1/ On my visits to the US to my better half's and my favourite pub/restaurant (a 'local'), we saw the amount of time the customers lingered from 2 - 3 hours when smoking was allowed with an excellent ventilation system to one hour and a bit at most post-ban six or so years ago. The establishment closed at the beginning of 2015. Not enough custom anymore, which is a shame, as they did the best (and cheapest) prime rib dinner (with baked potato, veg, salad) within a 30-mile radius.

    2/ Let's give a government-approved trial to wet-led pubs to reintroduce smoking areas. If it takes off, great. If not, the publican can decide whether to continue, with the government's permission.

    3/ Duty on alcoholic drinks other than beer is madness. Has been since 2011.

    If some berk in government now or in future suggests minimum pricing, well, they must not be buying anything from sherry to dark rum.

    I haven't seen a litre of anything of these drinks in UK shops (excluding duty free) since 2011. It's all in 75 or 70 cl bottles. Furthermore, the prices have skyrocketed since then. I bought a 50 cl bottle of Bacardi rum the other week for £15.99 at a local supermarket and a 70 or 75 cl bottle of Lamb's Navy for £17.99 just last week.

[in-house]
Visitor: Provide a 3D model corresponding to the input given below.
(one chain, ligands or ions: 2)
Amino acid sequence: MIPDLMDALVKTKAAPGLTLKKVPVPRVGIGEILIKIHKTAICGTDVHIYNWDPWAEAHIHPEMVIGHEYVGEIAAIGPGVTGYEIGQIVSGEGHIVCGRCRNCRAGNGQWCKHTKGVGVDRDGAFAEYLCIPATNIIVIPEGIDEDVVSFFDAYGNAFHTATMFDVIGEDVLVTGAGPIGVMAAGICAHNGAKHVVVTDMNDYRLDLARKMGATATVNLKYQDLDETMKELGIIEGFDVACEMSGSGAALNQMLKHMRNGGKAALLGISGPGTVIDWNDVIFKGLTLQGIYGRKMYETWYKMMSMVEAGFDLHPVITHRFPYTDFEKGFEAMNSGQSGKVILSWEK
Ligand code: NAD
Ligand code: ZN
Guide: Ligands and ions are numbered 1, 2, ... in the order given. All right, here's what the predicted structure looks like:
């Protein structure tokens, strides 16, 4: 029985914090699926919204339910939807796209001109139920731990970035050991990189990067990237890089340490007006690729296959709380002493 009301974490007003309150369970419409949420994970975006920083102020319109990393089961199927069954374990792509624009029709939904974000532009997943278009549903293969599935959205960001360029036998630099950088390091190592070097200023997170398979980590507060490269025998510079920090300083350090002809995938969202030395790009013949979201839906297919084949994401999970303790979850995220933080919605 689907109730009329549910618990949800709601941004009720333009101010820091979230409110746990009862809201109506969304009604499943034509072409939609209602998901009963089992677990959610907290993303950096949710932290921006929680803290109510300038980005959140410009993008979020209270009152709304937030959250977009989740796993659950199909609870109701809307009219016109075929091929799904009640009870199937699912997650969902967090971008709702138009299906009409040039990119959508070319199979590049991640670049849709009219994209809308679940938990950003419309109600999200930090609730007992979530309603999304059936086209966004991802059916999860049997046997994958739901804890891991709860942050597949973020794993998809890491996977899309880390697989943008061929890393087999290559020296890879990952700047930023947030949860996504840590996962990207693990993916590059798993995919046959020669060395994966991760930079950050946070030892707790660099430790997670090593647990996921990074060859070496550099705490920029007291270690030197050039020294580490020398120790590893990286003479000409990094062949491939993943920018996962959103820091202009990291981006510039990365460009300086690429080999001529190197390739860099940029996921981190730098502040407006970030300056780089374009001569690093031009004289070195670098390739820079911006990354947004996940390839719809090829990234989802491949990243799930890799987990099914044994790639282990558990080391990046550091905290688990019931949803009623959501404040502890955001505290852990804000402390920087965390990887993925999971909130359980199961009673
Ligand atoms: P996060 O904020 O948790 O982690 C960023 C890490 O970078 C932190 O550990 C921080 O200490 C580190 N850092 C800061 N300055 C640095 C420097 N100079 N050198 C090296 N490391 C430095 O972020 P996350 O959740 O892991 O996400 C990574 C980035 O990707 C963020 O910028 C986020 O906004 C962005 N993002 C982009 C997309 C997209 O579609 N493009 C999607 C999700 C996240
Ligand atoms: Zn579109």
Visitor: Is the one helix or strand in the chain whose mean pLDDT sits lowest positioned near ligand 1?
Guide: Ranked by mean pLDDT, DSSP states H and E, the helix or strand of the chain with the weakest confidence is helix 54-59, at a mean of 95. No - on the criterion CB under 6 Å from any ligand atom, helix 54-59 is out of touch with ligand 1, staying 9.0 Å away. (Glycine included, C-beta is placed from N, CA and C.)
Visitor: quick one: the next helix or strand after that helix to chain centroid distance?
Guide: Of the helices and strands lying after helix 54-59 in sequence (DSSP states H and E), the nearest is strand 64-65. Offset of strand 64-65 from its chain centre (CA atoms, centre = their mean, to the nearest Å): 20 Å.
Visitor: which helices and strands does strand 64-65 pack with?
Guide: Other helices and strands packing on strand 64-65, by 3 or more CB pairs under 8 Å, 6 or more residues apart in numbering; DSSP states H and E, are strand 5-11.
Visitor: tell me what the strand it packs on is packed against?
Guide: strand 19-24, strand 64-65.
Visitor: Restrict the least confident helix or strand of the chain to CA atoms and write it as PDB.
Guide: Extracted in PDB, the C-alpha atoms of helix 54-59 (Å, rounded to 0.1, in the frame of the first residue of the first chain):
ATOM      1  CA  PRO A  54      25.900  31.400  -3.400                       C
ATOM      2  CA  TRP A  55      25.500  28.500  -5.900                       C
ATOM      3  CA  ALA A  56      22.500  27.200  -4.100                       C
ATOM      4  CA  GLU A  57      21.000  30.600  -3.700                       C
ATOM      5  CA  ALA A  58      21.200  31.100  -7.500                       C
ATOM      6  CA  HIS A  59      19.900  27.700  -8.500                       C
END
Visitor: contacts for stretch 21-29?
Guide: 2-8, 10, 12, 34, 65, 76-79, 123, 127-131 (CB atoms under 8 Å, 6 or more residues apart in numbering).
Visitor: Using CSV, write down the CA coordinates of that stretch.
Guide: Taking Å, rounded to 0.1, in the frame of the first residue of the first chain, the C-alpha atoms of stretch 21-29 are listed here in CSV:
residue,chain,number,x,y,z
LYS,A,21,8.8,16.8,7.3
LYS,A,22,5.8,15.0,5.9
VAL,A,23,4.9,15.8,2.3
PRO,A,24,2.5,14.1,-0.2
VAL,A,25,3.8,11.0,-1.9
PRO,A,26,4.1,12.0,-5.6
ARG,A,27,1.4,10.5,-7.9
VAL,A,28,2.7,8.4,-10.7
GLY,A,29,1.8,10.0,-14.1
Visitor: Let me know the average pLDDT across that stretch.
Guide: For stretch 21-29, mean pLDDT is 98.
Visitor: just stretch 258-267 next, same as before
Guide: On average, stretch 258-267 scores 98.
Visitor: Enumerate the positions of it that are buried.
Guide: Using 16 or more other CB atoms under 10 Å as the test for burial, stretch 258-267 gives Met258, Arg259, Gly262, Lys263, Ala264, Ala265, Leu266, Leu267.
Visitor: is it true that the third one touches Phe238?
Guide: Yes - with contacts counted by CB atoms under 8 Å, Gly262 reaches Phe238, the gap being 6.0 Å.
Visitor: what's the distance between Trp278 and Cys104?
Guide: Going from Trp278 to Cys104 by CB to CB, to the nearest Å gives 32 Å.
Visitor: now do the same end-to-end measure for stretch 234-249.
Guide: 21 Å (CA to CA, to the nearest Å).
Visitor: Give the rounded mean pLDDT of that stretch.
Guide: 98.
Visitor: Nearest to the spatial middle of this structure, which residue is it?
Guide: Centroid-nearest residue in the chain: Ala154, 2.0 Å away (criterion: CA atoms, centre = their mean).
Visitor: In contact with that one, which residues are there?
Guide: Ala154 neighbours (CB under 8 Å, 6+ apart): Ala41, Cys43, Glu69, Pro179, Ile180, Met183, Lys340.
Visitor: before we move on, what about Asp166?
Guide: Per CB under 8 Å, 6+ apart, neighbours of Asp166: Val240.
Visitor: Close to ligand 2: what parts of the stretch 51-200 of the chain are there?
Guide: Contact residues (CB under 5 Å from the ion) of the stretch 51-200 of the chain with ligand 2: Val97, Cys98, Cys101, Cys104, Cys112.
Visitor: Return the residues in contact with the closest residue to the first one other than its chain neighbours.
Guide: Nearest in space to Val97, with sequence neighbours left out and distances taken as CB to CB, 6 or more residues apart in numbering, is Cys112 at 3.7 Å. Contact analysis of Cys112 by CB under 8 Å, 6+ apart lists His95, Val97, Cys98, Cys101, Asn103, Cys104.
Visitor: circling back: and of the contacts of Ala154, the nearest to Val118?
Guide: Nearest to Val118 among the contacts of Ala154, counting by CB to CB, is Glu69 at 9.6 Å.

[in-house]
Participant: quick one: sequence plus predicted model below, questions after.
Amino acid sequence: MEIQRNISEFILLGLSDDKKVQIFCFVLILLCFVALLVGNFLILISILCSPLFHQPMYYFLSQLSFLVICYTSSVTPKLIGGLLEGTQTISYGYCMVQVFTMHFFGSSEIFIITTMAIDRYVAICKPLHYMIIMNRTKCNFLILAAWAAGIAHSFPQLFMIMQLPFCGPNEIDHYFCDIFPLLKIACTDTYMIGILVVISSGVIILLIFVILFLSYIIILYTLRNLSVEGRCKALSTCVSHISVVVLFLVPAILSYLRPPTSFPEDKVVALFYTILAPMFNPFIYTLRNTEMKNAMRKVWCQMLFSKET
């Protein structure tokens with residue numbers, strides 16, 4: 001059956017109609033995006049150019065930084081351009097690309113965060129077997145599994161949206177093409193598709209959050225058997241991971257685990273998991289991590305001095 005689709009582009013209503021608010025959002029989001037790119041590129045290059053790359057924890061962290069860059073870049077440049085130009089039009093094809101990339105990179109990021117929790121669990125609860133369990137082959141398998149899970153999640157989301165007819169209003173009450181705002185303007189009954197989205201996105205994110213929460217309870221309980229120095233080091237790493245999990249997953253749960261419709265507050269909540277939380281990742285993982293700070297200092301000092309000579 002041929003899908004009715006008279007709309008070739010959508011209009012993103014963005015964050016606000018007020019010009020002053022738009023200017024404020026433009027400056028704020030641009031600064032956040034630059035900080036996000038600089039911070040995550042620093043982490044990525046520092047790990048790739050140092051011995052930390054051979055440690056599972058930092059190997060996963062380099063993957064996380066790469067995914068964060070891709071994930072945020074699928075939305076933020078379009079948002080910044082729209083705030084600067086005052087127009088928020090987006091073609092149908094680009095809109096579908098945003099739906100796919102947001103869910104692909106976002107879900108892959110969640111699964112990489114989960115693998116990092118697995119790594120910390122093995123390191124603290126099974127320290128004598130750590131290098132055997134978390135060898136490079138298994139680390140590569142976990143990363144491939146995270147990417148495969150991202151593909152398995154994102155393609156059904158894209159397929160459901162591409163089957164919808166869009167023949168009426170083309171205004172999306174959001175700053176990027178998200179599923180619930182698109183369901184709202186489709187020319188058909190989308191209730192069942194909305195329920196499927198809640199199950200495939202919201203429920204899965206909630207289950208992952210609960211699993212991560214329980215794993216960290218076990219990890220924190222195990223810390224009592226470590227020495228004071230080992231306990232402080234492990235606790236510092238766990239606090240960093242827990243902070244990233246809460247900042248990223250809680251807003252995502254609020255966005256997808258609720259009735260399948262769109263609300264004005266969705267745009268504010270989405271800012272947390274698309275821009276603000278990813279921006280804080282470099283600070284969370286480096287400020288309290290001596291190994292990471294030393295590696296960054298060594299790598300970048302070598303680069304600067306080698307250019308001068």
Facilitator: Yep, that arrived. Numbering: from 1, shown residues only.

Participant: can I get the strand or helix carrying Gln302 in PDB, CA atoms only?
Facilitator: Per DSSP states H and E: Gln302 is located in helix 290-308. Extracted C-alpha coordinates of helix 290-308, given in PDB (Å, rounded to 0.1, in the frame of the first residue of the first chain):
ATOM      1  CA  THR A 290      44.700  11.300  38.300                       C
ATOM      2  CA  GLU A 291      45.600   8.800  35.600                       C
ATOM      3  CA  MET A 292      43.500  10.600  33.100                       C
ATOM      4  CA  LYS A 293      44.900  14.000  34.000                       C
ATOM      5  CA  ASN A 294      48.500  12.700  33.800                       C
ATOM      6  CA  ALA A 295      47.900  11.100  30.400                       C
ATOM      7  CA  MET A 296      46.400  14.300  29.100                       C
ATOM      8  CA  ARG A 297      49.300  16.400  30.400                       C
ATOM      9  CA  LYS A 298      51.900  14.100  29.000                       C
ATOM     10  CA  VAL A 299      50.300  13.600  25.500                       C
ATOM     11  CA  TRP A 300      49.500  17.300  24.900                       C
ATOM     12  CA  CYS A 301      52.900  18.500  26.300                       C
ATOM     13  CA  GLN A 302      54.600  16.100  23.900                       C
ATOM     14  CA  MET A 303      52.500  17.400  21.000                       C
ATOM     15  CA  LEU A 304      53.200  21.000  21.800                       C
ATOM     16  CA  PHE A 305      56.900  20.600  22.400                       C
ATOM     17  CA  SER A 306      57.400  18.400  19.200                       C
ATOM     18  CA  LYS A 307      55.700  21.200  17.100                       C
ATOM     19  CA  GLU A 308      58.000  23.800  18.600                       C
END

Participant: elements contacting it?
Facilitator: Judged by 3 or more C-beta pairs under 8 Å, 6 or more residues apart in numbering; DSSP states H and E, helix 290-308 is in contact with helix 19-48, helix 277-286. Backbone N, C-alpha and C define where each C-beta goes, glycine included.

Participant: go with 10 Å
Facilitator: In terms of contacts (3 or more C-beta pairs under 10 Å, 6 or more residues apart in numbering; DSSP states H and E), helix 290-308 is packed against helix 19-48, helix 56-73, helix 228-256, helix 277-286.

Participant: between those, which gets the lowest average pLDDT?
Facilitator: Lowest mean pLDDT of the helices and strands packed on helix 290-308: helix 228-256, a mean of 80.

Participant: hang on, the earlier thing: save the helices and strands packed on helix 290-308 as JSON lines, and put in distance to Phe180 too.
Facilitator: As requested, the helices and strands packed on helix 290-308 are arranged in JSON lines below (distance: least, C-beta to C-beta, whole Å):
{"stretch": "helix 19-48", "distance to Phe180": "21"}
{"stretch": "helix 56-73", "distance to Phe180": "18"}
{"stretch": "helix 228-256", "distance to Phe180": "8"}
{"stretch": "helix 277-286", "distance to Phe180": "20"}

Sorry, not a beer drinker anymore. Too many carbs. Am on a high fat, low protein and very low carb eating plan for the foreseeable future.


  19. As a publican with a wet-led pub, I'll be honest about what I'd do if there was an amendment to the smoking ban: I'd bottle it. The instantaneous negative reaction one would get as the pub was suddenly smoky would produce an instant drop off in trade. It might build again as smokers began to use your pub more often, but it would be too risky.

  20. For the odd grotty pub about to go under anyway it might be worth the risk For most pubs, no chance. Why jeopardise years of hard work?

    So we're really flogging a dead horse here.

  21. @py - not what I said at all. If the ban was completely reversed, I'd expect maybe 80% of pubs to make some provision for indoor smoking, with 20% - typically, the smaller, working-class, wet-led pubs, allowing it throughout. Even those who chose not to allow it at all inside could alter their outdoor smoking areas to make them less exposed to the elements.

    I'd think Spoons would find it very hard to resist making some accommodation to smokers.